Lake Ontario, while the smallest of the Great Lake Basin, is yet the 14th largest lake in the world.
But plagued by Viagra in the water, fish unfit to eat or driven to extinction, and with crucial environmental standards ignored, its incredible diversity of birds, fish, reptiles amphibians and plants are under threat, especially those associated with shorelines, sand dunes, lagoons, and wetlands.
Butler Garter Snake by BIRDO (TO)
Birdo’s mural depicts the Butler Garter Snake, which is a very familiar reptile in the Great Lakes region. "Like many, I have fond childhood memories of these snakes and was shocked to find out that they have been on the Government of Ontario endangered species list since 2009. With this mural I wanted to 'elevate' this snake to raise awareness that this a major issue that is a lot closer to home than most would consider."
CArgo ship channels by Christopher Konecki (USA)
"This mural addresses the utility and potential danger of cargo shipping. Not a condemnation of the industry but hopefully it calls to question where the goods we use come from."
In 1959, the opening of the St. Lawrence Seaway linked ports in Montreal to Lake Ontario, opening the system to the world. Today, annual shipping surpasses 200 million net tonnes, with nearly one quarter of travel to and from international ports. Due to this traffic, the region is now the world’s fourth-largest economy, with a GDP of $4.7 trillion, accounting for 28 per cent of combined Canadian and U.S. economic activity,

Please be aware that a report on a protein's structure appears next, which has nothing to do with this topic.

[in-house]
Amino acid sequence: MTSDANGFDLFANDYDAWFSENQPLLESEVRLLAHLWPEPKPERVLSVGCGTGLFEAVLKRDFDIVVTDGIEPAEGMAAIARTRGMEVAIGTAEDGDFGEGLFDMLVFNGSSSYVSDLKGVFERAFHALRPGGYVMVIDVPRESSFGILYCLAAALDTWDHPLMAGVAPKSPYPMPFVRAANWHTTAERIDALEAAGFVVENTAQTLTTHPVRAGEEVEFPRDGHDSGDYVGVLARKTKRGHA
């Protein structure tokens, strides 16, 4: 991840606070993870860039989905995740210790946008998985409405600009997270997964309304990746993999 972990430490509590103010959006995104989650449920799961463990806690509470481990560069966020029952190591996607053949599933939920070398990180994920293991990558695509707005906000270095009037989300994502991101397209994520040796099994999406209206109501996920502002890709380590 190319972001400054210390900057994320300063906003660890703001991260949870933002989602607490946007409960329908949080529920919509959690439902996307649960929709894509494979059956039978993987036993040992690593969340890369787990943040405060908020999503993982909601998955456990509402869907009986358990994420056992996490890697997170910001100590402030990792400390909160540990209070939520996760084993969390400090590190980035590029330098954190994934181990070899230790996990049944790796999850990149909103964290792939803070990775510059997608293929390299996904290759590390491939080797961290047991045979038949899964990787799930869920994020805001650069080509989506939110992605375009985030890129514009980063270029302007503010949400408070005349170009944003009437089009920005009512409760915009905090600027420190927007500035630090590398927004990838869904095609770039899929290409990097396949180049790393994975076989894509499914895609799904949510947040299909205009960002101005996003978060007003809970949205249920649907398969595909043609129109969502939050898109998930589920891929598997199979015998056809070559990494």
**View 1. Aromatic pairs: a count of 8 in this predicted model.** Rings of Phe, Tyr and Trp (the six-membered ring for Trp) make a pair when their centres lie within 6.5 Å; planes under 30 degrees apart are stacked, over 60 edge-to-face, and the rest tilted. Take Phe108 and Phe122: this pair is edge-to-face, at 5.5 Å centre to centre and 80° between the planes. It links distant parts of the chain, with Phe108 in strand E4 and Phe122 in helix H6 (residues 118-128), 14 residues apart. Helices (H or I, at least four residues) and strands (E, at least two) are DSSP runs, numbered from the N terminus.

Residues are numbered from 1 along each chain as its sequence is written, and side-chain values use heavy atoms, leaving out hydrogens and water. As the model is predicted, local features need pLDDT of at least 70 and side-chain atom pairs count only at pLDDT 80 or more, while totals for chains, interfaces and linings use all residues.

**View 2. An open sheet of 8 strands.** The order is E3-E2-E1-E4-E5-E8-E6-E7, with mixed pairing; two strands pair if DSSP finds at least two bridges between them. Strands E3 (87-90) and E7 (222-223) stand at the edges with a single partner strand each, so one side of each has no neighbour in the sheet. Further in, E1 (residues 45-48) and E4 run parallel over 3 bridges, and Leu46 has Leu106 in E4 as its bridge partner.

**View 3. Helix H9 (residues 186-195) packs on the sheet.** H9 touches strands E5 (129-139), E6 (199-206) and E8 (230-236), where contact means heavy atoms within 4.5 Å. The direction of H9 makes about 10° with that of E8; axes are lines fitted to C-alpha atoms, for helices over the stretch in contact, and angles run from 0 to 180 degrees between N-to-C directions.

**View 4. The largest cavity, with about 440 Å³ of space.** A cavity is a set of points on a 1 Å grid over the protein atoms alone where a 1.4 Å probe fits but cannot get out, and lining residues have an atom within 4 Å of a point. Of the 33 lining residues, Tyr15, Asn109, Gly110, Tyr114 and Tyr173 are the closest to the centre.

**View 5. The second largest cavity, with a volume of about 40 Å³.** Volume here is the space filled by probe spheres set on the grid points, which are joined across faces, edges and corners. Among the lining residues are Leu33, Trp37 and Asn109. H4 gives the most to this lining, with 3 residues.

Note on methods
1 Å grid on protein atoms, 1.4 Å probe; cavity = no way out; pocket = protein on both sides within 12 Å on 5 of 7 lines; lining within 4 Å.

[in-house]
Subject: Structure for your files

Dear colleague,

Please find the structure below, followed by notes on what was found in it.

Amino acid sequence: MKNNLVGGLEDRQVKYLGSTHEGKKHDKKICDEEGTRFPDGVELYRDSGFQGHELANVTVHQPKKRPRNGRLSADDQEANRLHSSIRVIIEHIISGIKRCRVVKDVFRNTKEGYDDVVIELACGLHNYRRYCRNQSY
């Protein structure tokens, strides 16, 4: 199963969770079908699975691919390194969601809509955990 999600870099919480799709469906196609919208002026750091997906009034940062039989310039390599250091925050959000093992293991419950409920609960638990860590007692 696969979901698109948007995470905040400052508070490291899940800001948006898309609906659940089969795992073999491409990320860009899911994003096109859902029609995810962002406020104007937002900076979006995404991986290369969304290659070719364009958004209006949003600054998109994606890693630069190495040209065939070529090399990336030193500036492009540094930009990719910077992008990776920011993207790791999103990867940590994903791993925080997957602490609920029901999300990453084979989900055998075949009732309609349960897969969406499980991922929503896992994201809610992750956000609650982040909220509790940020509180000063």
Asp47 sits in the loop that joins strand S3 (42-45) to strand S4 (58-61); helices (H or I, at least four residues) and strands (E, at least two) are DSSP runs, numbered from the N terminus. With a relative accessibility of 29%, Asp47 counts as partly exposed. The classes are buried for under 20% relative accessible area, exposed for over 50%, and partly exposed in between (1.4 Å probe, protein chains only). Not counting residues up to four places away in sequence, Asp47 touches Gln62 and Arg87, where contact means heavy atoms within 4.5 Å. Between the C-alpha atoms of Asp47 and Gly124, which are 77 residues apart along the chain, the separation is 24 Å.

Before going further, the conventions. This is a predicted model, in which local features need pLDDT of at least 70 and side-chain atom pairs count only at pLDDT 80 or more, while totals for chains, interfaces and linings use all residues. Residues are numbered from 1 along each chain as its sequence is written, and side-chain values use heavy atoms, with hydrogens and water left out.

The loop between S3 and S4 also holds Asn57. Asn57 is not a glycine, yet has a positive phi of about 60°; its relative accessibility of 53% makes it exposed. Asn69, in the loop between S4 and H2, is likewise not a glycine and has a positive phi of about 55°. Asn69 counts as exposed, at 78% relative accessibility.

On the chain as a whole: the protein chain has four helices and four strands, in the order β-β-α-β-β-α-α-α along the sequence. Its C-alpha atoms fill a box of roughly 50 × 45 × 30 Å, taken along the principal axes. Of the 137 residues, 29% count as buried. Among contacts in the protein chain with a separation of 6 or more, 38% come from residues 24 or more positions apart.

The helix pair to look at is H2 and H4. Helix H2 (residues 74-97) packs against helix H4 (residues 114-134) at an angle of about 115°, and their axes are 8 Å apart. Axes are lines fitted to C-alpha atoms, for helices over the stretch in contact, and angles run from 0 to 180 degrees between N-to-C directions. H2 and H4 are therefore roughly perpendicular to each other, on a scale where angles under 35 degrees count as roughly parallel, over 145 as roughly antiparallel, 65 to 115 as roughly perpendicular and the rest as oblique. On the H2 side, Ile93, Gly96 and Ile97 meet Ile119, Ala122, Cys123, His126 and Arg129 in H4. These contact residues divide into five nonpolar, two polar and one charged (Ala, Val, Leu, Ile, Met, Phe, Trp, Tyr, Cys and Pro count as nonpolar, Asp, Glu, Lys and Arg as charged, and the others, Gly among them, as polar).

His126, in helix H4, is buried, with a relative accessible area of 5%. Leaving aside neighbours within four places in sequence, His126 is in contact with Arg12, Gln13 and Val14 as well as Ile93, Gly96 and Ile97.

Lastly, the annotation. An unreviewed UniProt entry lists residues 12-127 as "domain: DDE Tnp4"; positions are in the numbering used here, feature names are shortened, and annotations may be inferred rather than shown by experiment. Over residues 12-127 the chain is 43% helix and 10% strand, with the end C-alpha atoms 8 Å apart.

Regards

This makes the region particularly vulnerable to global climate change, especially with low water levels, extreme weather conditions and invasive species. These threats have a direct in all of our lives.
We gave Chris the wall next to Birdo, and the two decided immediately to share a common turquoise background tocreate a strong visual coordination across all of the various planes of the building, literally covered from head to toe. Chris is equally comfortable with mind-boggling large walls along side of simple, relatively small surfaces such as this one. Armed with only a humble ladder, an armful of spray paint, and a wicked concept, he powered out this wall with typical grace and humour.
Birdo (TO) x Konecki (USA)
The mural conveys the sarcastic Idea of this #walleye catching himself, this is a freshwater perciform fish native to most of Canada but are now presumed extinct. Because walleyes are popular with anglers, fishing is regulated by most natural resource agencies. Management may include the use of quotas and length limits to ensure that populations are not over-exploited.
Living Water by Peru (TO)